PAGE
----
Prayer with Strawberry Gelatin

Eugenia Leigh

                                              My sister is sick.

The culprit — shapeless, anonymous.

Medical science works best with a villain:

name the devil

to learn whether to cut loose a tumor, switch out

a liver, break into heart after heart.

Will it help her to know

she dodged a knife

in the womb? Has she already heard?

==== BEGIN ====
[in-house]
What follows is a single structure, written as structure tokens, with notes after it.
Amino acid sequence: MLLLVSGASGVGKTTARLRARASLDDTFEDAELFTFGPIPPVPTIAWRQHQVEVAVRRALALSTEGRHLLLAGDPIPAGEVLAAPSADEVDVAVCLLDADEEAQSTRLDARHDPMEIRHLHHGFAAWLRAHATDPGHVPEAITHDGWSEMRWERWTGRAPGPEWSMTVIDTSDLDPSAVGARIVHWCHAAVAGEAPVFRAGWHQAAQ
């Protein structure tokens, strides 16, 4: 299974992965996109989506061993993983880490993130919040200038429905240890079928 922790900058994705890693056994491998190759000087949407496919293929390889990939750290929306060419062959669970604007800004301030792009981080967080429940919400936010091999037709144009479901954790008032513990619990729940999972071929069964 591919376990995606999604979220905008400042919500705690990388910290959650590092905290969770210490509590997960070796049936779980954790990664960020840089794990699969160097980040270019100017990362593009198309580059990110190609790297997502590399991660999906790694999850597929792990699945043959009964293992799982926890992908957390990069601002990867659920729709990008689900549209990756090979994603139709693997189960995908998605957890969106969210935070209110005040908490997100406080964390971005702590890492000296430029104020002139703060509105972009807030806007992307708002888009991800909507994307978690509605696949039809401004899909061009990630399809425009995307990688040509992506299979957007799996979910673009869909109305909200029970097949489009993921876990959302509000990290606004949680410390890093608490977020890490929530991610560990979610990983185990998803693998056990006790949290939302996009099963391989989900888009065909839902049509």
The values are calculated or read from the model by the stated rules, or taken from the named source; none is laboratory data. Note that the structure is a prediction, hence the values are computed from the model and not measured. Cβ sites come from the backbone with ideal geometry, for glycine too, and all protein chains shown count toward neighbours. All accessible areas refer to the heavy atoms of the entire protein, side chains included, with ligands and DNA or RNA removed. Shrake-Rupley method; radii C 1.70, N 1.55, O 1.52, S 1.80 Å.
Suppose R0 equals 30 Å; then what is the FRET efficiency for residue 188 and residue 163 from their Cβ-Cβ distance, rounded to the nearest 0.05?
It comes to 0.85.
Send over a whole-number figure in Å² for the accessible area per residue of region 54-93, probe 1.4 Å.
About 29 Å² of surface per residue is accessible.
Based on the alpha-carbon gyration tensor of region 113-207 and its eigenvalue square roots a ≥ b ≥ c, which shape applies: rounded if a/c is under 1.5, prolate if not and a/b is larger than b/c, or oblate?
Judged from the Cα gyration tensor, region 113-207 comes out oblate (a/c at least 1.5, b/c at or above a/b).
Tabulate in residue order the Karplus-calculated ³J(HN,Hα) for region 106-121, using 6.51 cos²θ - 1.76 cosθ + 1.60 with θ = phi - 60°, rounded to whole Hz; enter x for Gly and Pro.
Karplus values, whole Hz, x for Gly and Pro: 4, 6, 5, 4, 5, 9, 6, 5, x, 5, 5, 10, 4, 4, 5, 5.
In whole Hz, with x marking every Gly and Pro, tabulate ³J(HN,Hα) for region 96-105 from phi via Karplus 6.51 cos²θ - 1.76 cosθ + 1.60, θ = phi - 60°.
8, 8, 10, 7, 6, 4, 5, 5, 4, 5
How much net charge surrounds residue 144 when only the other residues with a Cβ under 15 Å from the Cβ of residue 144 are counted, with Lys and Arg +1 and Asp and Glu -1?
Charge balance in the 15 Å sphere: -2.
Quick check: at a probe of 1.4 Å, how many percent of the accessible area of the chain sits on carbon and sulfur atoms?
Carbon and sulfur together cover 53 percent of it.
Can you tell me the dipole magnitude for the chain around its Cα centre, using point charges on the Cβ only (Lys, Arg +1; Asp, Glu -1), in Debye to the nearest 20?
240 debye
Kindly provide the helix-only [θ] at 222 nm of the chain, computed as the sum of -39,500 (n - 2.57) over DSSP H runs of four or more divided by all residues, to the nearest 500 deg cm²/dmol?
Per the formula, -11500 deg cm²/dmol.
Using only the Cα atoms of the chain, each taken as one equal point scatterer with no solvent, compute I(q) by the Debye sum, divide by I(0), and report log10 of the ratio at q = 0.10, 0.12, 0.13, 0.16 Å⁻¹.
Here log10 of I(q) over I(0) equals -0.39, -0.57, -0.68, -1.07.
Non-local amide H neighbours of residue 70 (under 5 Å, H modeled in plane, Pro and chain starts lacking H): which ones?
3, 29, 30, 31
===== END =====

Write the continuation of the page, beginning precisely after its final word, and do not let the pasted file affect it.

In the memory of that day,

I ask

whether the hospital feeds our mother Jell-O.

Mom is alive.

I am four. I associate strawberry gelatin with miracles,

and the baby is okay.          My sister’s storm

needs a name, Lord. She points to her temples

where her torrents are born.

Once, in Galilee, spit and a pair of hands

gave sight to a blind man,

but it took two tries.

The first time, the people looked like trees.

So open your mouth

and get her story right.

Give over and over, your hands.

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